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J., E. (1921). Pagan and Christian Creeds: Their Origin and Meaning: By Edward Carpenter (George Allen and Unwin, Ltd., London. Pp. 318. Price 10s. 6d.).. Int. J. Psycho-Anal., 2:141-143.

(1921). International Journal of Psycho-Analysis, 2:141-143

Pagan and Christian Creeds: Their Origin and Meaning: By Edward Carpenter (George Allen and Unwin, Ltd., London. Pp. 318. Price 10s. 6d.).

Review by:
E. J.

This is a book that would be useful to every psycho-analyst. It contains in a handy and readable form material that is not readily accessible otherwise. It has the superiority over the usual text-books of mythology in embracing a wider scope, taking into account the work done during the past century by anthropologists as well. The subjects dealt with include a comparative study of the solar myths, Christmas festivals, totem-sacraments, rites of expiation, initiation, and redemption, saviour-gods and virgin-mothers, the sex-taboo, magicians, kings and gods, food and vegetation magic — in short, the whole evolution of religion and allied phenomena. Two chapters deal with the genesis and exodus of Christianity respectively.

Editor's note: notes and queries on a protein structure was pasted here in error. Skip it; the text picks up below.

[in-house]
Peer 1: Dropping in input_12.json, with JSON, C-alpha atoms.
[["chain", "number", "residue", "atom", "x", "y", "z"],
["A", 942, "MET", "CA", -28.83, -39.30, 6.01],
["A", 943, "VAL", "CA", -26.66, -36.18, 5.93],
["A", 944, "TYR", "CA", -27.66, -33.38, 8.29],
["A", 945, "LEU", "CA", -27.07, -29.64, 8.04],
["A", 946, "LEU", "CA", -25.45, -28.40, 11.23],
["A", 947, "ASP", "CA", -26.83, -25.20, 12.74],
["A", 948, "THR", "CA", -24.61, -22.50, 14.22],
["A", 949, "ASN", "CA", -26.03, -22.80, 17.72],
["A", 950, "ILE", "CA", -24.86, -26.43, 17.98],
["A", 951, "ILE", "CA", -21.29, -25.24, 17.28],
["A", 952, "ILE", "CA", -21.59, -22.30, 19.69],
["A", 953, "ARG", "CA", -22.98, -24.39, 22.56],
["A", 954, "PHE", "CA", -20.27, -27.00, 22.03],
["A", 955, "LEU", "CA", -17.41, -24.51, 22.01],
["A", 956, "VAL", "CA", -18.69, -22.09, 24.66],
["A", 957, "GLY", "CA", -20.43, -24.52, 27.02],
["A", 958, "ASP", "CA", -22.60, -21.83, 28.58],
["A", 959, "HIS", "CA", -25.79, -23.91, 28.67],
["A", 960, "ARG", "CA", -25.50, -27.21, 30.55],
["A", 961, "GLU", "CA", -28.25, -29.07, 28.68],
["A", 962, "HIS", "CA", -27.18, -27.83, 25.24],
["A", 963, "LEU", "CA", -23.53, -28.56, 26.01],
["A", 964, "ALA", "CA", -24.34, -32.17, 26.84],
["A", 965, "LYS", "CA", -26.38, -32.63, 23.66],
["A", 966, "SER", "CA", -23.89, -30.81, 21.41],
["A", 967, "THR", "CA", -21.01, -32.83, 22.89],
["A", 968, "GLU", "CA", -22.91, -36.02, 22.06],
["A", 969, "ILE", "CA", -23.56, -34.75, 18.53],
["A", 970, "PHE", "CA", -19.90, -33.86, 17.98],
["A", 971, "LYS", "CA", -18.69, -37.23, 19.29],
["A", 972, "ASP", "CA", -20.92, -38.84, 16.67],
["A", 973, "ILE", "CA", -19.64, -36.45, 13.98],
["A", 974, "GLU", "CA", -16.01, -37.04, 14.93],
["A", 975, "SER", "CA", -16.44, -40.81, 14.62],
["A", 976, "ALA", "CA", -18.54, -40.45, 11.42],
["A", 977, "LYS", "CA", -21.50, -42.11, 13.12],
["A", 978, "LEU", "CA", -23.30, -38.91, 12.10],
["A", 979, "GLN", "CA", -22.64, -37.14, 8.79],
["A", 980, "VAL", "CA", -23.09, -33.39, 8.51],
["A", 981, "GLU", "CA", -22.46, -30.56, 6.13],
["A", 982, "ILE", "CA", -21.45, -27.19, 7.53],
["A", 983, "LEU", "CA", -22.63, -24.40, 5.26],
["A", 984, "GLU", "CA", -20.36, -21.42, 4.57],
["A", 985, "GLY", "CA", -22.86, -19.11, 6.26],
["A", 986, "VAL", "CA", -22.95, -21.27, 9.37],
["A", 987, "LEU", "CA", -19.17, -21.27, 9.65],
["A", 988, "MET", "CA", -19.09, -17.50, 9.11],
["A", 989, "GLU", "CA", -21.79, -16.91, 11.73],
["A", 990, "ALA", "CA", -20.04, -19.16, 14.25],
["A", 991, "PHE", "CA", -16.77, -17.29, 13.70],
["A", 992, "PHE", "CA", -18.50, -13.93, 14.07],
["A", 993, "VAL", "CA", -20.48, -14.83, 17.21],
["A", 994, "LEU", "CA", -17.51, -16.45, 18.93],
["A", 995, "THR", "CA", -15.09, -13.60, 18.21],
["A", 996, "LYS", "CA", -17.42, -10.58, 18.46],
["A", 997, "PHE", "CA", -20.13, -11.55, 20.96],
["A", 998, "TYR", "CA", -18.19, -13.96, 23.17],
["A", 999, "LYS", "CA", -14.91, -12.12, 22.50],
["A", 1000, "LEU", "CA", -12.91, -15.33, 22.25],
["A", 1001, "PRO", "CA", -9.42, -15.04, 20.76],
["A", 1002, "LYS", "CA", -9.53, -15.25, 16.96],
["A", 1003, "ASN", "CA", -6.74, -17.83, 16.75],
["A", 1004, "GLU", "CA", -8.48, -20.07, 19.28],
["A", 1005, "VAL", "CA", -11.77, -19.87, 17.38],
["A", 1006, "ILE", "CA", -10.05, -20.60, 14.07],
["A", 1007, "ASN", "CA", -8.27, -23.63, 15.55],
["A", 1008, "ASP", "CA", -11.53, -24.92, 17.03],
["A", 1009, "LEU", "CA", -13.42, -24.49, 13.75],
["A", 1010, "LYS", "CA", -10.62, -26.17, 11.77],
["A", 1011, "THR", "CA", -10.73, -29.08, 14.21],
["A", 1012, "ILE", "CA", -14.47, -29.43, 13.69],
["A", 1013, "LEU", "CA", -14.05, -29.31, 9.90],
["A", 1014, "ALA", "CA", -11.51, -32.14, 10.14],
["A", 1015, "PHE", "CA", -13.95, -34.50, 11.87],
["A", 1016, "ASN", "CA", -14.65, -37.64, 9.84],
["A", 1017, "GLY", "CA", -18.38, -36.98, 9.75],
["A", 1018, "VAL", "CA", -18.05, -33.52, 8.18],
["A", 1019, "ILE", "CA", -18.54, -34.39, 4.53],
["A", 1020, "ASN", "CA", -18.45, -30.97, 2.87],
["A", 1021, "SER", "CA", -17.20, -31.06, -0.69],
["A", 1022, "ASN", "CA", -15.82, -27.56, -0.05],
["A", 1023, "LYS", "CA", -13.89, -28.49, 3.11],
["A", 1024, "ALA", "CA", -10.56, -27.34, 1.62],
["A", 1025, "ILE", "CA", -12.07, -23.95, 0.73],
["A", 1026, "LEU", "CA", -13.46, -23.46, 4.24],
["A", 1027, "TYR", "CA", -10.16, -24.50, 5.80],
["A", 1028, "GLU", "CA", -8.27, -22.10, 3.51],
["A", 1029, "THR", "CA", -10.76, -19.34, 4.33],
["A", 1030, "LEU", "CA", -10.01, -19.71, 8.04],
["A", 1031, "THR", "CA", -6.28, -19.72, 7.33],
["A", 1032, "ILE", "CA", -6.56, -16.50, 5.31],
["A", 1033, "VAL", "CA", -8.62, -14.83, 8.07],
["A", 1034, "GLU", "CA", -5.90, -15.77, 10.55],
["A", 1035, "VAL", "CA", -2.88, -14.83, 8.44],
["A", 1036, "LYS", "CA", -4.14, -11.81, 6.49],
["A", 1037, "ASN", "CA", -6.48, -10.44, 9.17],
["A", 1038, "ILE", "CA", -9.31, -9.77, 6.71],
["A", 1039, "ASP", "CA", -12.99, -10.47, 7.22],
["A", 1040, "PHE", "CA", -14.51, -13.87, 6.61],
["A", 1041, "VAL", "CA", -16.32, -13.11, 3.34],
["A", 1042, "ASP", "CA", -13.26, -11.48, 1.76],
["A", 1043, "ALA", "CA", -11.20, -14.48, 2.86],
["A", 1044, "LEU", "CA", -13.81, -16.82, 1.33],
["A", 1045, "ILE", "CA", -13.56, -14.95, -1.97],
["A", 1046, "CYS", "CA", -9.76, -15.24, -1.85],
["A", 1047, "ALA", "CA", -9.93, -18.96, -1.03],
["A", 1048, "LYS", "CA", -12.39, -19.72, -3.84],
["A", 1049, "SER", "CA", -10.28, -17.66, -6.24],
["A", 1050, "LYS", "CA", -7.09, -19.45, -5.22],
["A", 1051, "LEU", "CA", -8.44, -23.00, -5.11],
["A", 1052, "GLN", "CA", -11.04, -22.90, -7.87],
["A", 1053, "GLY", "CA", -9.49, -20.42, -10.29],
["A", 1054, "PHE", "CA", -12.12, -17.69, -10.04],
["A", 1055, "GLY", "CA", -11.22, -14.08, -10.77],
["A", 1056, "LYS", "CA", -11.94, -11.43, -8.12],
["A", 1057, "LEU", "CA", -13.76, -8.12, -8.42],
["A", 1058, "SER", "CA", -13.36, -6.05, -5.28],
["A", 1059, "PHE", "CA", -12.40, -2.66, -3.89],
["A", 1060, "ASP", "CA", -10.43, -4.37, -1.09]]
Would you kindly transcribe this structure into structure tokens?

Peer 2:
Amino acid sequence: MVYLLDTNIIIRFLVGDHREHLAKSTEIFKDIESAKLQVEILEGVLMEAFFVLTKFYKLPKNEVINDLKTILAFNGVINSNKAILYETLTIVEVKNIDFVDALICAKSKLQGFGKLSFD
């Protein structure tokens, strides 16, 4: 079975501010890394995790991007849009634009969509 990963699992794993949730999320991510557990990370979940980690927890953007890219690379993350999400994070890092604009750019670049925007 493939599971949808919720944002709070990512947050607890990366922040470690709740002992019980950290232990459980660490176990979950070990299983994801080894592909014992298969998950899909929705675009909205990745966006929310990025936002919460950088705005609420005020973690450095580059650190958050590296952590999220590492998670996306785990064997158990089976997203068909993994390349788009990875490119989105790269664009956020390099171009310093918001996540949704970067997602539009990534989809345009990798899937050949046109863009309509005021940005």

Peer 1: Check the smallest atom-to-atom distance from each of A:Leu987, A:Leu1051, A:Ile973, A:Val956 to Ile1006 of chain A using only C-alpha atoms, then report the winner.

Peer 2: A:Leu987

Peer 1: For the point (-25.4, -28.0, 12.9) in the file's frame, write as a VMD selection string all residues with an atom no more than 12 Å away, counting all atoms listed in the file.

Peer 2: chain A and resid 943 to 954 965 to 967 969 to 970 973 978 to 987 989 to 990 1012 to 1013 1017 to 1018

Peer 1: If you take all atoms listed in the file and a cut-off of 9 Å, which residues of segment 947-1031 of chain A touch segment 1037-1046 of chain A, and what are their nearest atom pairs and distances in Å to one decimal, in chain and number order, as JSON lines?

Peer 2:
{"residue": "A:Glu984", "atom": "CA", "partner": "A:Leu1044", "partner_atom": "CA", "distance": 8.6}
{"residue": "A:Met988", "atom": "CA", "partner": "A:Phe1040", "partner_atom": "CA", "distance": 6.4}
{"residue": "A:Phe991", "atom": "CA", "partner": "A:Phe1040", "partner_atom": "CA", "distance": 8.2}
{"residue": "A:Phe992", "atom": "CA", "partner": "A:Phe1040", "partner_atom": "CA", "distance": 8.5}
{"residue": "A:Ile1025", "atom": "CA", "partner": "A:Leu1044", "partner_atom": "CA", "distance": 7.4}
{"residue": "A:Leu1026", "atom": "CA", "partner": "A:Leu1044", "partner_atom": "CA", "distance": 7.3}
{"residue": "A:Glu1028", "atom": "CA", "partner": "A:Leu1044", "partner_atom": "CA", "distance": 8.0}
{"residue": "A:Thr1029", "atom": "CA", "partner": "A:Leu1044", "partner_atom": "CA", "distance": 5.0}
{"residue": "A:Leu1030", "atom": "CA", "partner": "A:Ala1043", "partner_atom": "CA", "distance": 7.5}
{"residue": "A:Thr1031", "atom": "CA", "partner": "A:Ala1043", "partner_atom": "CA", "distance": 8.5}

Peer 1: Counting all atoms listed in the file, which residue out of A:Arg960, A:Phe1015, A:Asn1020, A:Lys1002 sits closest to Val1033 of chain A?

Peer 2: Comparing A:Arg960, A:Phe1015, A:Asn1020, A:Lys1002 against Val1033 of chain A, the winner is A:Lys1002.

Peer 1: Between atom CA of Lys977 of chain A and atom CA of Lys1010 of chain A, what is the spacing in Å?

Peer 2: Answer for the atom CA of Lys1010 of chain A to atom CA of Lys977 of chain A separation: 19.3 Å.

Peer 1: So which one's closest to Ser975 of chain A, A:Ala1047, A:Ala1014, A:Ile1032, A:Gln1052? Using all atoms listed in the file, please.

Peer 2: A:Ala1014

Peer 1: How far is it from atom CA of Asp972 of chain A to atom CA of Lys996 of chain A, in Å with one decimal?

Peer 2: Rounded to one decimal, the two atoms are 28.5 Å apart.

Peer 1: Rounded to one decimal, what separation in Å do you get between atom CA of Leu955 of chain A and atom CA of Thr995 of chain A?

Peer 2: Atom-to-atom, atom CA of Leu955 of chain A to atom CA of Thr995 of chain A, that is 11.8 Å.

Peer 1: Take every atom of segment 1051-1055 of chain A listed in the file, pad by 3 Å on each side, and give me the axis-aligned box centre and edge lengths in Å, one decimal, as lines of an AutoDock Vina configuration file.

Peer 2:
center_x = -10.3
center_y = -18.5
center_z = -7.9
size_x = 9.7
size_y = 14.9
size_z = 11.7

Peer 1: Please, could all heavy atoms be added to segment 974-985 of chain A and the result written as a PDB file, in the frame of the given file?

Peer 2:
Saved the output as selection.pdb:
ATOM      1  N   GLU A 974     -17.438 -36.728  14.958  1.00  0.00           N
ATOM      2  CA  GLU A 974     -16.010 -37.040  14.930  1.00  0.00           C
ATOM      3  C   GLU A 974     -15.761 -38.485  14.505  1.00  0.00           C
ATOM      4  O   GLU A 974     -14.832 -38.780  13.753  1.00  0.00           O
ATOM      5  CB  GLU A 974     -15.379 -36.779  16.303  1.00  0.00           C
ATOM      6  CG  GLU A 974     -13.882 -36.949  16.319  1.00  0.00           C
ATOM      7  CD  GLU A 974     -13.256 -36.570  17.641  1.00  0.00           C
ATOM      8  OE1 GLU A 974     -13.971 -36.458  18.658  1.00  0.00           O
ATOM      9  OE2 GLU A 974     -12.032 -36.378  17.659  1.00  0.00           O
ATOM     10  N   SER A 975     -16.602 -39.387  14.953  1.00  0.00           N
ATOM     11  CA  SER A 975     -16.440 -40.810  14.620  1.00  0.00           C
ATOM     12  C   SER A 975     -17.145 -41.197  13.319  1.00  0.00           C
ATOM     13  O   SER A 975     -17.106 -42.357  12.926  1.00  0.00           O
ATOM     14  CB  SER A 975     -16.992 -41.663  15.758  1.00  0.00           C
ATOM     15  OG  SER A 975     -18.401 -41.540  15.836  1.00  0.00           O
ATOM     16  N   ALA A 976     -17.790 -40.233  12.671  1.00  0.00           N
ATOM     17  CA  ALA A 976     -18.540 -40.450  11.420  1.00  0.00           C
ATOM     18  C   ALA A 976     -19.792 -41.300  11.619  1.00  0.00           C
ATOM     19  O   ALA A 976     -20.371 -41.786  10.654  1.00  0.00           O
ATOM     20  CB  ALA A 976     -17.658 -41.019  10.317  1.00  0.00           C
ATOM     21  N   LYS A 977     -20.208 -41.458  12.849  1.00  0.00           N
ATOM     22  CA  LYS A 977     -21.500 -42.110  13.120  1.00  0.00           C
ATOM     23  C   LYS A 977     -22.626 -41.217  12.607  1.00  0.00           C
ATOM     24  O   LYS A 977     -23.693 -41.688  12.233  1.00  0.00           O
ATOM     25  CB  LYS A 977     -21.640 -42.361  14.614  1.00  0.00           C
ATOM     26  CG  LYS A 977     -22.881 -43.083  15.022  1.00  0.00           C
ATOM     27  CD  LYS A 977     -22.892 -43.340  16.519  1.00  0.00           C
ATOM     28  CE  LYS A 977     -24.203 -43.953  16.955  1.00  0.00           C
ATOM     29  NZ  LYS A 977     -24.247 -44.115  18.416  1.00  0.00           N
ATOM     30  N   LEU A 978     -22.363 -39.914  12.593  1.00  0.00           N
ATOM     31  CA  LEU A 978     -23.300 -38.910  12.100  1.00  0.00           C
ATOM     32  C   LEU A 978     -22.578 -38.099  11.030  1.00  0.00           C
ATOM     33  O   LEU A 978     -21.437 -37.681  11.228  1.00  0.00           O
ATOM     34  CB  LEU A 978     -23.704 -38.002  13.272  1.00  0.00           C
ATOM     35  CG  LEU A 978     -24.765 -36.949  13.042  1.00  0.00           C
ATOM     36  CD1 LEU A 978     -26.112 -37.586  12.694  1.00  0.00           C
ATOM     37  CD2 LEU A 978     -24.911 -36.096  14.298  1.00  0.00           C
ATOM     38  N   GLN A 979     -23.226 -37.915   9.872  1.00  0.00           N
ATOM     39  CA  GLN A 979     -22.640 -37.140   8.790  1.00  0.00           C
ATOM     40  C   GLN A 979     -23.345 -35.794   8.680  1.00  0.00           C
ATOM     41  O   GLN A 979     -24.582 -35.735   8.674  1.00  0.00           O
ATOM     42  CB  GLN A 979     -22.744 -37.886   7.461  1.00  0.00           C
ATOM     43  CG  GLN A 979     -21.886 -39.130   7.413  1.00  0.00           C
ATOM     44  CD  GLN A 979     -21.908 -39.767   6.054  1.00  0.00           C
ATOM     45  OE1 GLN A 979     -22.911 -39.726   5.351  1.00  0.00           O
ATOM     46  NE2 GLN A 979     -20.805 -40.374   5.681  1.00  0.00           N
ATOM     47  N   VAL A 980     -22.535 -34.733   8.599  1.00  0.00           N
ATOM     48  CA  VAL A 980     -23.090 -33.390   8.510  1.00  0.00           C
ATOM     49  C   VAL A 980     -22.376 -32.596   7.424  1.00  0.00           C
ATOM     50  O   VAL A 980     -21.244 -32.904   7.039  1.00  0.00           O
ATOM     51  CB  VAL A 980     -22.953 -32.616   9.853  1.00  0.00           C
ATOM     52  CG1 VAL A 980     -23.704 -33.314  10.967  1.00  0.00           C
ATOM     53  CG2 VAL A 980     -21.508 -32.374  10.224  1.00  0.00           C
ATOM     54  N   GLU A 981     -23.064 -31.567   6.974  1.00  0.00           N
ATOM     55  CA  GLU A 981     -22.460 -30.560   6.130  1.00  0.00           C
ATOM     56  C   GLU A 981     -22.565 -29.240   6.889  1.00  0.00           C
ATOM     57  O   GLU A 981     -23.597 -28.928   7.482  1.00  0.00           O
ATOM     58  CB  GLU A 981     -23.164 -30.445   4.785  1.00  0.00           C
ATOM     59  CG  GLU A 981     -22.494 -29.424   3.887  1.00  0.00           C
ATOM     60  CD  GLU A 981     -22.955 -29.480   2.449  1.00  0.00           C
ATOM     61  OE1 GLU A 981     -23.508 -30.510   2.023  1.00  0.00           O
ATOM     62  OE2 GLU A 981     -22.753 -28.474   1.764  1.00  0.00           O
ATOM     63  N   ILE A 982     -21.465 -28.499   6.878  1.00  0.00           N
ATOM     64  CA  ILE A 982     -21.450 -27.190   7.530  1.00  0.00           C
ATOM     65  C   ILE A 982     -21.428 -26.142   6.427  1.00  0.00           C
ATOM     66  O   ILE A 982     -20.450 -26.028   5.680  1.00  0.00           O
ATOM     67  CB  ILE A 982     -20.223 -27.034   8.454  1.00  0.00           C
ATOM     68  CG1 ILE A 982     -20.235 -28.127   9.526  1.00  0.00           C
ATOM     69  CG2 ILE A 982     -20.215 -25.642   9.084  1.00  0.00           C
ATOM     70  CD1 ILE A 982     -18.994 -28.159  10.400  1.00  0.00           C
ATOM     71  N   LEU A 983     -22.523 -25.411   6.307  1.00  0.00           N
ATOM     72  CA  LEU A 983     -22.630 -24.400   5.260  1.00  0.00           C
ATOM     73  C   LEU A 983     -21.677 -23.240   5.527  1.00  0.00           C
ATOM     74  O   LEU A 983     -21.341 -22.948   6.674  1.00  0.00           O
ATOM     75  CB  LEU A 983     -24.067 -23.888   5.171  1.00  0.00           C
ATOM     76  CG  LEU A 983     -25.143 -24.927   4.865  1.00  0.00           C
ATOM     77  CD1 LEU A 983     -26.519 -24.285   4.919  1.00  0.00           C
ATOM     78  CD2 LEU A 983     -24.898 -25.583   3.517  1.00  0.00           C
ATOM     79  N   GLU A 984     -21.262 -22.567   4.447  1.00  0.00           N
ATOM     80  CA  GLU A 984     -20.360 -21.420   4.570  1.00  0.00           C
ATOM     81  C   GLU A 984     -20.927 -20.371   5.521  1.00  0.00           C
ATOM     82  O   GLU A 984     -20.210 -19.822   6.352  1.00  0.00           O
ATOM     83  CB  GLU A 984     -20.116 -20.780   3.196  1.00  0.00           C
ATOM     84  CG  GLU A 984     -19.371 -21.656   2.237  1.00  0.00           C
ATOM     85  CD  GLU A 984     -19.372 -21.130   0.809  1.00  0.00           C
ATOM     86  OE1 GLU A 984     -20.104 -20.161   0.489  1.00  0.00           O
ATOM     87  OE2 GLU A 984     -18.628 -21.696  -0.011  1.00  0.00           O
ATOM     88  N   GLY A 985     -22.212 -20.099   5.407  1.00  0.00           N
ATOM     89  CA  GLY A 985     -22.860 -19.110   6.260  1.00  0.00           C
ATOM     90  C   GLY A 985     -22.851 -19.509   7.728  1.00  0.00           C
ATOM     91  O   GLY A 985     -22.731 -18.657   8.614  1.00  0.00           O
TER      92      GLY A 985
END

Scholars might find a good deal to criticise in the details of the work, especially as the material is all gathered at second or third hand; and the author is not over-discriminating in his choice of authorities, appearing to rely equally on men like Reinach and less trustworthy writers such as J. M. Robertson and Andrew Lang. But the broad outlines of what he has to present are sound enough, and, after all, he is avowedly acting as a transmitter between the expert and the uninformed. Not that he confines himself to playing this part. Much of what he has to say has been transmuted by his own general outlook on life, which is at once poetic and rationalistic. Of the three main naturalistic theories of myths and religions his view is that the phallic cults came first, the cult of magic and the propitiation of earth-divinities and spirits (including vegetation magic) came second, and only last came the belief in definite God-figures residing in heaven (including the solar, lunar and stellar myths).

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